The outcome of the UN climate talks in Cancún, Mexico, is being spun as a success. Such claims can only be made because of the chronically low expectations before the conference.
After the devastating failure to reach an agreement at Copenhagen last year, negotiators are patting themselves on the back - not for real achievements in tackling climate change but simply for keeping the talks going for another year. There has once again been no agreement by the rich countries to legally binding emissions cuts that would reduce the amount of greenhouse gases in the atmosphere.
The Cancún deal acknowledges that limiting temperature rises to 2 degrees centigrade is not enough. But holding rises to even 2 degrees centigrade would mean countries agreeing to ensure their emissions peak in the next ten years before a rapid reduction. Achieving this was not even part of the discussions in Cancún.
Meanwhile in the poorest parts of the world, such as Africa, where the consequences of climate change are already being felt, even a 2 degrees centigrade rise in temperature - the greatest ambition of the UN process - would spell disaster. In these areas life already operates at extreme temperatures. Further temperature increases mean food shortages, droughts, floods and the loss of millions of lives.
It is a reflection of how little has been achieved in Cancún that the reality of climate change for developing countries, symbolised by last year's devastating floods in Pakistan, made no impact on the decisions of the leaders of the developed world at the talks.
Instead the headlines from Cancún have focused on claims that the rich world will mobilise billions of dollars to help the poorest parts of the world mitigate and adapt to climate change. Developing countries have secured an agreement that a "green climate fund" will be set up and administered by the UN rather than the World Bank, which was the original proposal. But there is no agreement about where the money will come from.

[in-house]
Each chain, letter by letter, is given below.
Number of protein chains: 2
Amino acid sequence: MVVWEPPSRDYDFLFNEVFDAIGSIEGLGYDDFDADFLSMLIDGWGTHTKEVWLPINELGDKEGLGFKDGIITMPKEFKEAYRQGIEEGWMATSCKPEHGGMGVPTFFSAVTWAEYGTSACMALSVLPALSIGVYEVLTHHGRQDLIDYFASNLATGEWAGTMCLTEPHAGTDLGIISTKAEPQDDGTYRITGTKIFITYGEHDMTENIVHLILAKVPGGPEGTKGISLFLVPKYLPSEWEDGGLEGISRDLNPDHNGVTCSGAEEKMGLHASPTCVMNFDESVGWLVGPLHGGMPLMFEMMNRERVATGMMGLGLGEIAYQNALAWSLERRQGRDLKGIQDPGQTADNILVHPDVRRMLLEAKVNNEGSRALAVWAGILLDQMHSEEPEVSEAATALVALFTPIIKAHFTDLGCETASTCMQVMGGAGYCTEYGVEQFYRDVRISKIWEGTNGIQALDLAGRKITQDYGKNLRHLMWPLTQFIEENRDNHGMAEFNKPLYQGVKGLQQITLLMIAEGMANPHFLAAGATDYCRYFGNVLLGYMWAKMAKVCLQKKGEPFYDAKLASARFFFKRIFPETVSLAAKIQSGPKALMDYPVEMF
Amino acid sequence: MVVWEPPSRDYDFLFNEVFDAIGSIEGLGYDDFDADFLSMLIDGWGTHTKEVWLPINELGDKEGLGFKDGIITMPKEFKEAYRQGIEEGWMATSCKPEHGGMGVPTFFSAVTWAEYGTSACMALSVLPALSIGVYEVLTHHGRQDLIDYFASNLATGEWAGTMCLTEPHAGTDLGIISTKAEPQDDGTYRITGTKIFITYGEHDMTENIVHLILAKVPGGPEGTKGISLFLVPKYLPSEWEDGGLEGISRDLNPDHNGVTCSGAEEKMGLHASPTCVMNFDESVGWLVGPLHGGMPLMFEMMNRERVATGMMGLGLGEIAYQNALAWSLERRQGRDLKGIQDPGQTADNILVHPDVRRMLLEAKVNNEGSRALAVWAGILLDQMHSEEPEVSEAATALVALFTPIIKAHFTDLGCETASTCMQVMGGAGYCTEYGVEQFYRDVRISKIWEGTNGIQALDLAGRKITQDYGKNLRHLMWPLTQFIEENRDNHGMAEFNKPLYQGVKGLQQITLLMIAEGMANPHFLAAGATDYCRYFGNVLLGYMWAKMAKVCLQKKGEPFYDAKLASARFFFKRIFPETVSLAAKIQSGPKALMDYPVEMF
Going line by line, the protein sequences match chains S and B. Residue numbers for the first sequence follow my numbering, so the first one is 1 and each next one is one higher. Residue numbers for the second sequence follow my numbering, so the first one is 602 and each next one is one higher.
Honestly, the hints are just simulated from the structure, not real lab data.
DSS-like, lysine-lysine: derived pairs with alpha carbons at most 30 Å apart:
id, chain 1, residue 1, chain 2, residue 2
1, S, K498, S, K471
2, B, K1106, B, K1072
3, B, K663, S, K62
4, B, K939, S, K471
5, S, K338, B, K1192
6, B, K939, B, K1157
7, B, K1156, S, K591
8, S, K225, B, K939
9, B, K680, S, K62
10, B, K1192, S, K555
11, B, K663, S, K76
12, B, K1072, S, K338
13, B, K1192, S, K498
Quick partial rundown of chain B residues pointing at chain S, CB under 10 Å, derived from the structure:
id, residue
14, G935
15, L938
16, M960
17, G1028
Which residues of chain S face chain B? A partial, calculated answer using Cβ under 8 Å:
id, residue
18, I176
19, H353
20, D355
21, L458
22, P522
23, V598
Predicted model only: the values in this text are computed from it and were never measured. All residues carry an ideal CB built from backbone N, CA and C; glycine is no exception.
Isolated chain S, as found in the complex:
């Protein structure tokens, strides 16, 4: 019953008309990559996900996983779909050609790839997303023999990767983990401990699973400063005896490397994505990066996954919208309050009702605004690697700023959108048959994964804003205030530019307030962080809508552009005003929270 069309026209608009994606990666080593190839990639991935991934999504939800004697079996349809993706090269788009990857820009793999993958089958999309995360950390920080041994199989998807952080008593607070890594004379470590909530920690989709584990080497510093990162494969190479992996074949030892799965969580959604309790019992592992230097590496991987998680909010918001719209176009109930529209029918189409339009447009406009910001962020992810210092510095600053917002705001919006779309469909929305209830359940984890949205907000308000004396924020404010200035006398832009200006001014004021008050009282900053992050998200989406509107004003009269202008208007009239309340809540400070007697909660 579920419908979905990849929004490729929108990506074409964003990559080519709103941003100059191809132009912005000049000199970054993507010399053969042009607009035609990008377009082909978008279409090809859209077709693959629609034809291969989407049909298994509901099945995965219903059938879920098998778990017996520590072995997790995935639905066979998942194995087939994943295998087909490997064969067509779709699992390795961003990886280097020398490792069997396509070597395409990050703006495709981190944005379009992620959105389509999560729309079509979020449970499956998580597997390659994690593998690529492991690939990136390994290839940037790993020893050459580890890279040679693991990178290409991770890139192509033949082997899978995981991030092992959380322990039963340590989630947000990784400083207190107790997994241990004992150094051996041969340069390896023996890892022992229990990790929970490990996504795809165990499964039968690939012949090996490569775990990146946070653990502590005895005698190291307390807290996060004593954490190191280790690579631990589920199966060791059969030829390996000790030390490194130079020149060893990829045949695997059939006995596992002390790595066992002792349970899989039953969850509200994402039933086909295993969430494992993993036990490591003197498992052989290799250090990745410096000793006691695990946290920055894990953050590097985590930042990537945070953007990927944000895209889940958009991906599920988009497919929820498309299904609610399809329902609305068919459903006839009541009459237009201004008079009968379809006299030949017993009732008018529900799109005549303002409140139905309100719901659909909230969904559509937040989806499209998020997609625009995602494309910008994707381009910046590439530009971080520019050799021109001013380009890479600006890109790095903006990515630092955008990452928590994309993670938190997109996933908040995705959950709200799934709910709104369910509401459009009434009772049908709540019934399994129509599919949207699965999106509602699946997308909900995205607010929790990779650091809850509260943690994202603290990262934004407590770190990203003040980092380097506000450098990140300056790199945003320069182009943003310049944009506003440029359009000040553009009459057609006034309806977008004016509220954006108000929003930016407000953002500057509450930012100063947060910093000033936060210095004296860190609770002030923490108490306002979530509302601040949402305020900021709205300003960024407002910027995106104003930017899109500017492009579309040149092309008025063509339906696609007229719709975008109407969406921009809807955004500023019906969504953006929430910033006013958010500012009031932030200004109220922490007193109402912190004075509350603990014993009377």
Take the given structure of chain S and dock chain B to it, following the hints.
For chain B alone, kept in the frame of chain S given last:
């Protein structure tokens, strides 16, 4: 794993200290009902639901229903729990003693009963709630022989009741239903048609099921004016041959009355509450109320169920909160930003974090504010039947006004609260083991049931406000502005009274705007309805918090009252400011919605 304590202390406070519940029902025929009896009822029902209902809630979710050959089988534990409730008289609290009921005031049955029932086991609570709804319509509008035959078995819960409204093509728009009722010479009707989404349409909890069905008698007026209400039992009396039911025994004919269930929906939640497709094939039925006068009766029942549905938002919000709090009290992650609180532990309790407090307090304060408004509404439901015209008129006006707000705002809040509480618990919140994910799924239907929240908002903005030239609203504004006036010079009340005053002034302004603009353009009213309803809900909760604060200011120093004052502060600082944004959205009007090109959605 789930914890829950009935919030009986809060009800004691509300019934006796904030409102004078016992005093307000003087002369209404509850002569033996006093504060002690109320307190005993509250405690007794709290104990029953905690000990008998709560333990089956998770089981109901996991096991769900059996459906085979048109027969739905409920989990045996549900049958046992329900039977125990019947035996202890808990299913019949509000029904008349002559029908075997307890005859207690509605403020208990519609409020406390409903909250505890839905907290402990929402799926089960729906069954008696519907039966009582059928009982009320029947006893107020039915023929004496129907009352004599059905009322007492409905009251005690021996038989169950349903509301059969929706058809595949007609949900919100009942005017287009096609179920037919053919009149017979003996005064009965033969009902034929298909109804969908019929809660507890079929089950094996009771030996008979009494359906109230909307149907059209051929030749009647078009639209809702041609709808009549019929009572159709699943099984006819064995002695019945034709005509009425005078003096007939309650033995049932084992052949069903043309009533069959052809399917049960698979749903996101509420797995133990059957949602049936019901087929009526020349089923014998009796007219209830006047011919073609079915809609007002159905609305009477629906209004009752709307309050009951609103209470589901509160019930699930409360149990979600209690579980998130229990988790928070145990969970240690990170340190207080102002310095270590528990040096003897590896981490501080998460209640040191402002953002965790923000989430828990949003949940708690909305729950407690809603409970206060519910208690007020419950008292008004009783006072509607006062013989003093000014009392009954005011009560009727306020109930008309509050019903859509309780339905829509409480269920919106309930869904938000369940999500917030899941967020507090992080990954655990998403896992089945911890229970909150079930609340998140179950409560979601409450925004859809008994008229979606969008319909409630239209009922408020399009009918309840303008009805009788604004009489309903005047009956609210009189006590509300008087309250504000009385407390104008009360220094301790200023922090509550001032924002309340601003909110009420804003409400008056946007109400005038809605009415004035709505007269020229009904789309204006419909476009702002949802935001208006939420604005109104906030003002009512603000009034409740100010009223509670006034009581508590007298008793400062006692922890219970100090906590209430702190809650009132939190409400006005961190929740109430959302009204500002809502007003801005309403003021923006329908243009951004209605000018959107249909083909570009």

The $100 billion promised by rich countries, about which much has been made in the press, is not money that will flow into the "green climate fund". Neither is it part of the official UN agreement. Instead it is described as an "aspiration", with any money that does materialise to be doled out by the rich countries with whatever strings they want to attach. US officials indicated, without irony, that this money would come from the private sector.
The current process of UN talks, which began four years ago, was established to secure a future for the Kyoto protocol which runs out in 2012. This year the discussions on what replaces Kyoto were again postponed with little sign that anything will change in the final year before Kyoto comes to an end. As John Vidal pointed out in the Guardian, "After four years of talking, politicians are congratulating themselves for doing nothing in 20 years."
The failure again to reach agreement to protect the planet from climate change is a failure not just of the individual politicians who are willing to ignore the compelling and urgent scientific advice on what needs to be done. It is also the failure of a system that puts the interests of the rich in the wealthiest parts of the world above the interests of the majority of the world's people and the needs of the planet.
The Bolivian ambassador said "history will judge harshly" the Cancún talks. "Compromise was made at the expense of the victims of climate change rather than the culprits...there is only one way to measure the success of a climate agreement and that is whether or not it effectively reduces emissions."
On this basis Cancún failed spectacularly, and there is nothing to suggest that future talks won't make the same compromises. Both the planet and the people on it have an urgent interest in ending the system that allows climate change talks to fail.